It says Optus detected and fixed the same error in 2021 on a different endpoint it was actively using. Unfortunately, the same error was not detected or fixed on the dormant target endpoint, which was exploited by an attacker in 2022. 

ACMA says the breach "was not highly sophisticated or one that required advanced skills or proprietary or internal knowledge of Optus' processes or systems. It was carried out through a simple process of trial and error".

US Car Dealerships Struck By Ransomware

A ransomware attack on software-as-a-service platform CDK Global has disrupted thousands of North American car dealerships over the last week. 

Several publicly listed companies have lodged filings with the US Securities and Exchange Commission indicating that they have been affected by the CDK Global incident. The SaaS provider claims it services close to 15,000 dealer locations. CDK Global suffered a second breach while attempting to recover from an initial ransomware attack and has also warned that customers are being approached by fraudsters posing as CDK agents in an attempt to gain system access.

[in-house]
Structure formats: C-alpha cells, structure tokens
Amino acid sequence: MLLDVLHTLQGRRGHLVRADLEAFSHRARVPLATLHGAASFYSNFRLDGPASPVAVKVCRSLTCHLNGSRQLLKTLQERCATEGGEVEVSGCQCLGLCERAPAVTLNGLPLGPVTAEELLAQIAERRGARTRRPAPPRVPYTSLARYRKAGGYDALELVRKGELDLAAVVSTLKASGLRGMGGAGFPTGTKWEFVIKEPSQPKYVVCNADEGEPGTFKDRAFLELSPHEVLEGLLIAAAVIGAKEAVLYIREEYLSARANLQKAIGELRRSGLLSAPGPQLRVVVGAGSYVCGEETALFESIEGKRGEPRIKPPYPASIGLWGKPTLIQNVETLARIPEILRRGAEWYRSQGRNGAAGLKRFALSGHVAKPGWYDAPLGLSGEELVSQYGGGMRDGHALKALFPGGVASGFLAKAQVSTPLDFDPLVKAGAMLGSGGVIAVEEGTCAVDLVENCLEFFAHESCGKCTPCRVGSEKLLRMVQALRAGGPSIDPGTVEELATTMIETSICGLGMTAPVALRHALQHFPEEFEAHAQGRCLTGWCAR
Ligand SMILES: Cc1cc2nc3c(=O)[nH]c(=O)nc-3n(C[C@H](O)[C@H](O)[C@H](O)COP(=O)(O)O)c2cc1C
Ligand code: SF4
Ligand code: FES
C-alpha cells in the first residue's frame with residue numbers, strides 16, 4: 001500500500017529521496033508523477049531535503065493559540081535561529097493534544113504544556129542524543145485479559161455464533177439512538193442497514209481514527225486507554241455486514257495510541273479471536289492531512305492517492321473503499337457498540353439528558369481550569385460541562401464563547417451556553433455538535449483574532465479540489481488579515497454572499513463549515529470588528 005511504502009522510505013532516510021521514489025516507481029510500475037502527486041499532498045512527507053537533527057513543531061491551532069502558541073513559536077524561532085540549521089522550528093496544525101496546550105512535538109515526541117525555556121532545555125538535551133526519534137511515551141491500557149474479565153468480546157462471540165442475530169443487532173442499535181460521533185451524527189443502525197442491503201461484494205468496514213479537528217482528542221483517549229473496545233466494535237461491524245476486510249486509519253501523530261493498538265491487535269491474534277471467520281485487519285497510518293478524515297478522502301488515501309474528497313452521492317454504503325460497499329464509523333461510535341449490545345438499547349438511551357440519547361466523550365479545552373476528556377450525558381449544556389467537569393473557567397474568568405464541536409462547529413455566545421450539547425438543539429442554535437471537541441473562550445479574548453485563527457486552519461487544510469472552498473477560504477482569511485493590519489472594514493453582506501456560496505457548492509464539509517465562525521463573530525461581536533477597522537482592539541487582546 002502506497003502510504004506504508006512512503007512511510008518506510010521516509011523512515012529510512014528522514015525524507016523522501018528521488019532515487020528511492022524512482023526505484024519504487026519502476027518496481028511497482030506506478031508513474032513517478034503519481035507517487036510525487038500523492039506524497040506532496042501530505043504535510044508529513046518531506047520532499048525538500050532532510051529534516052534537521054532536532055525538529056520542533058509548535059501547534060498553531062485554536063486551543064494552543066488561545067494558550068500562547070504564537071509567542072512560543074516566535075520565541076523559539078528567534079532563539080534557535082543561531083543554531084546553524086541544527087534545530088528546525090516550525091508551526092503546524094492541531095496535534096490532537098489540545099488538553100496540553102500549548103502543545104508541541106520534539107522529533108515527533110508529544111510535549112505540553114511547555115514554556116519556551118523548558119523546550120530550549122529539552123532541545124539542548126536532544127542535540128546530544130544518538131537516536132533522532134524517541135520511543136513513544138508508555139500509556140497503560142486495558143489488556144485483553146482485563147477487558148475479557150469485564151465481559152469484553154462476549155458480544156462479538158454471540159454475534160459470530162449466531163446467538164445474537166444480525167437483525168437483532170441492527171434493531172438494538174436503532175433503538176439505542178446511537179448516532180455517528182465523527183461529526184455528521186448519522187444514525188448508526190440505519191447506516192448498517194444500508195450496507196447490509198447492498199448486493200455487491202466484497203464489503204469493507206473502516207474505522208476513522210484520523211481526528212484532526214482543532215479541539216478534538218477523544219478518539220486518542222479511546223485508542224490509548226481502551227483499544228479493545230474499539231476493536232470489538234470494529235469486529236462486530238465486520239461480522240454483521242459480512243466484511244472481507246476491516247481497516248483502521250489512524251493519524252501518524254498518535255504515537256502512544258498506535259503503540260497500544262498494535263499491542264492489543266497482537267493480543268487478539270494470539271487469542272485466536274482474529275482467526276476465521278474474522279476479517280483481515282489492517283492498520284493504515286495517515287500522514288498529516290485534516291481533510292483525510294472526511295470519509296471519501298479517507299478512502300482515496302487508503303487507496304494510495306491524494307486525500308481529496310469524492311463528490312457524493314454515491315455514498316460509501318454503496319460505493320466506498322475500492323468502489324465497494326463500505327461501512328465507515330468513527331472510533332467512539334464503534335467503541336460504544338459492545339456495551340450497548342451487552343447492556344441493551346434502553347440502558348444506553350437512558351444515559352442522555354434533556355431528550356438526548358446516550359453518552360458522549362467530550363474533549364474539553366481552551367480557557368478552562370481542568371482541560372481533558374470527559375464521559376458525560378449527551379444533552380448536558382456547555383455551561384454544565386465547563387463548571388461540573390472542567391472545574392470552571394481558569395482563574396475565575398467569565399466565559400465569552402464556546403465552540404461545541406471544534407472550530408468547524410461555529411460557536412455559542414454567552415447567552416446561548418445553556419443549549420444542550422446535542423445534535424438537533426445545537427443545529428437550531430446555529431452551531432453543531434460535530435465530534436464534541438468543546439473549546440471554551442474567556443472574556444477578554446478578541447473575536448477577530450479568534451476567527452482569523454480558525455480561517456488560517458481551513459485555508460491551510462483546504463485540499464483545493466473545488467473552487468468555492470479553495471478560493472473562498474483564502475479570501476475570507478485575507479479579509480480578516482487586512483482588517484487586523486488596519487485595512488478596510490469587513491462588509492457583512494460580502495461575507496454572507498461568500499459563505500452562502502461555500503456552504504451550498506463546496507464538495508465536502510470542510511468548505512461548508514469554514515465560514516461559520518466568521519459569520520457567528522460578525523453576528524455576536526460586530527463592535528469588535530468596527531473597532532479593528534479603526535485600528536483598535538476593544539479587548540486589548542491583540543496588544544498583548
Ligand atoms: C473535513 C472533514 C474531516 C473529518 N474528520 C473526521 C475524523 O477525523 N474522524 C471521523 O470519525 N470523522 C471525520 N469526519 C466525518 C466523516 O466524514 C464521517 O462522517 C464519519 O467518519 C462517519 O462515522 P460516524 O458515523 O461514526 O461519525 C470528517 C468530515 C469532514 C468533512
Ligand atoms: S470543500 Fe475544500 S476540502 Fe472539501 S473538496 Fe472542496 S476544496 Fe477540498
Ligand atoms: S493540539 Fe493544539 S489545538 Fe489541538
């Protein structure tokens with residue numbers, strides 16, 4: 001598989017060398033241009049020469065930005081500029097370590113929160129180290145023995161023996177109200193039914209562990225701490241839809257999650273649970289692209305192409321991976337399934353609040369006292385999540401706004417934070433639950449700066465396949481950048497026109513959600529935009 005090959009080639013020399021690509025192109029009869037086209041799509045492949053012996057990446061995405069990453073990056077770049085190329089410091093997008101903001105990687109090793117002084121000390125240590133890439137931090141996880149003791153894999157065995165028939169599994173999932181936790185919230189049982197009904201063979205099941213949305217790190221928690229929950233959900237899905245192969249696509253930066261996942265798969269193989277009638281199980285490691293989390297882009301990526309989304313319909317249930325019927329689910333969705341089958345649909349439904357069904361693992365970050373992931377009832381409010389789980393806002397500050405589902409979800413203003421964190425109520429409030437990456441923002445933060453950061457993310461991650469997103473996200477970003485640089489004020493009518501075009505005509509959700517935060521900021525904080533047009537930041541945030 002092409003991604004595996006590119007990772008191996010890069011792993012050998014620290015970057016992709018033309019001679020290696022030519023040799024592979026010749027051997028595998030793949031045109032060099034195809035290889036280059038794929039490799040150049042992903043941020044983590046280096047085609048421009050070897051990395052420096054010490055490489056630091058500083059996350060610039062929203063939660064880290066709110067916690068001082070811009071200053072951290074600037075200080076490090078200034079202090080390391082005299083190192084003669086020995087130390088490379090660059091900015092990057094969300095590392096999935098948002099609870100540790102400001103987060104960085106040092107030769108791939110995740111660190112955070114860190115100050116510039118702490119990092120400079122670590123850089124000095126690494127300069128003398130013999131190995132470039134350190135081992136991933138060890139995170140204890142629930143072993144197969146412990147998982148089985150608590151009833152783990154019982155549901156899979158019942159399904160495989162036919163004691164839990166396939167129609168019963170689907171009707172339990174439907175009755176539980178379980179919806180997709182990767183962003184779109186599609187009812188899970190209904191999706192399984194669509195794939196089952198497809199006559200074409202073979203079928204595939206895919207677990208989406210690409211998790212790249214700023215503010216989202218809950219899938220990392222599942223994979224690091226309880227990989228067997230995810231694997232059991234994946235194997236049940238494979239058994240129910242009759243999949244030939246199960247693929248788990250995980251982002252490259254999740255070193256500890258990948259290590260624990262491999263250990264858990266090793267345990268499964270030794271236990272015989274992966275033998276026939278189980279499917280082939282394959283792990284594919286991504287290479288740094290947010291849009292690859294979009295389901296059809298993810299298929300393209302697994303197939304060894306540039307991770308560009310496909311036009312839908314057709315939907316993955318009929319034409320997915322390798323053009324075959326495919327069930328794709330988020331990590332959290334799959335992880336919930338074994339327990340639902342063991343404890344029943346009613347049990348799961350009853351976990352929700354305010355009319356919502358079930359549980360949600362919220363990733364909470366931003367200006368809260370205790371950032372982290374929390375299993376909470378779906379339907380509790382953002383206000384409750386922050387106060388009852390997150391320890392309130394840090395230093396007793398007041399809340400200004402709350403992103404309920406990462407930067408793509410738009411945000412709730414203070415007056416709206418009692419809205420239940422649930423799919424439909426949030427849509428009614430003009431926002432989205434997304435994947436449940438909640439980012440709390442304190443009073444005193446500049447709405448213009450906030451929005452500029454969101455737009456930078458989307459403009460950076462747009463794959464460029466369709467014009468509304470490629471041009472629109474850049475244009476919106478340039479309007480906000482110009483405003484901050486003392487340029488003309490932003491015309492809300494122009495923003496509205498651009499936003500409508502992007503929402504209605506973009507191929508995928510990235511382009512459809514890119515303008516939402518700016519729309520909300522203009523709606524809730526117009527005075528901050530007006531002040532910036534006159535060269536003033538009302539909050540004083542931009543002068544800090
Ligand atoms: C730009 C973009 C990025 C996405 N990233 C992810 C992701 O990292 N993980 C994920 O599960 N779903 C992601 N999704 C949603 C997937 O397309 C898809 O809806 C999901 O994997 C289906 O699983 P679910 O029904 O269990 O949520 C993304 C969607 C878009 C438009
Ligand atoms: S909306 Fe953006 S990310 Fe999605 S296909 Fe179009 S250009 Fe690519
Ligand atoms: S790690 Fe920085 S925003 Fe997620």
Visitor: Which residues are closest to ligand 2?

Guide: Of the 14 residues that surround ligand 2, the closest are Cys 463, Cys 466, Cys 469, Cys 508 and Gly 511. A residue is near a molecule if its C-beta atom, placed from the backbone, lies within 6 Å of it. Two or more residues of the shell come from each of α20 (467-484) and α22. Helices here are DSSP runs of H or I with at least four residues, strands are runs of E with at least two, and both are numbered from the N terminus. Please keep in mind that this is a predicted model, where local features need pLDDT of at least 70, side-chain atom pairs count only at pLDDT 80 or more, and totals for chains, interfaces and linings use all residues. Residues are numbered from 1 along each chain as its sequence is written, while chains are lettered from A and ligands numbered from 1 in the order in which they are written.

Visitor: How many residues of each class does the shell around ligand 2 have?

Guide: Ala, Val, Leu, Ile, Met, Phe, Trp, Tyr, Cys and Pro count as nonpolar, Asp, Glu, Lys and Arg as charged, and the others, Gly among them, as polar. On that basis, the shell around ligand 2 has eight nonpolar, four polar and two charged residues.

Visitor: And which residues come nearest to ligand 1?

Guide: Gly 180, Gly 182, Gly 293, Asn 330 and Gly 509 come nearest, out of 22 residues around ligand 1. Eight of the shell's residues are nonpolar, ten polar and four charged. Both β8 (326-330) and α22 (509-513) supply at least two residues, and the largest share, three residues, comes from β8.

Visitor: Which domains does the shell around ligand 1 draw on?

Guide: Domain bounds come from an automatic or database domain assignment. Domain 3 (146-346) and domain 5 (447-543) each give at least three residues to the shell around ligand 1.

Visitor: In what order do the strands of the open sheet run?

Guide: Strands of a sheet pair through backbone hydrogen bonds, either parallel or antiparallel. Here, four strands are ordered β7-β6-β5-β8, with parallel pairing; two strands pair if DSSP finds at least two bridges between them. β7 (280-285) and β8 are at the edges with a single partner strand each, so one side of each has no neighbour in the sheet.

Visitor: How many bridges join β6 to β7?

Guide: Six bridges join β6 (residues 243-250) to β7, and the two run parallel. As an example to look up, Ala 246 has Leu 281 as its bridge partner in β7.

Bleeping Computer reports the relatively new Blacksuit ransomware group is responsible.  CDK Global is reportedly negotiating with the group, which is seeking tens of millions of dollars in ransom

These kinds of high-leverage victims (think Colonial Pipeline, Change Healthcare or Kaseya) are highly motivated to resolve incidents quickly because of the huge impact ransomware has on their customers. In other words, they are the best targets for ransomware crews because disruption causes extensive collateral damage.

From a policy perspective this is a reason to demand higher cyber security standards from these systemically important companies. The trick, of course, is to identify these types of companies before they are struck by ransomware and work with them to improve their security. 

Three Reasons to Be Cheerful This Week: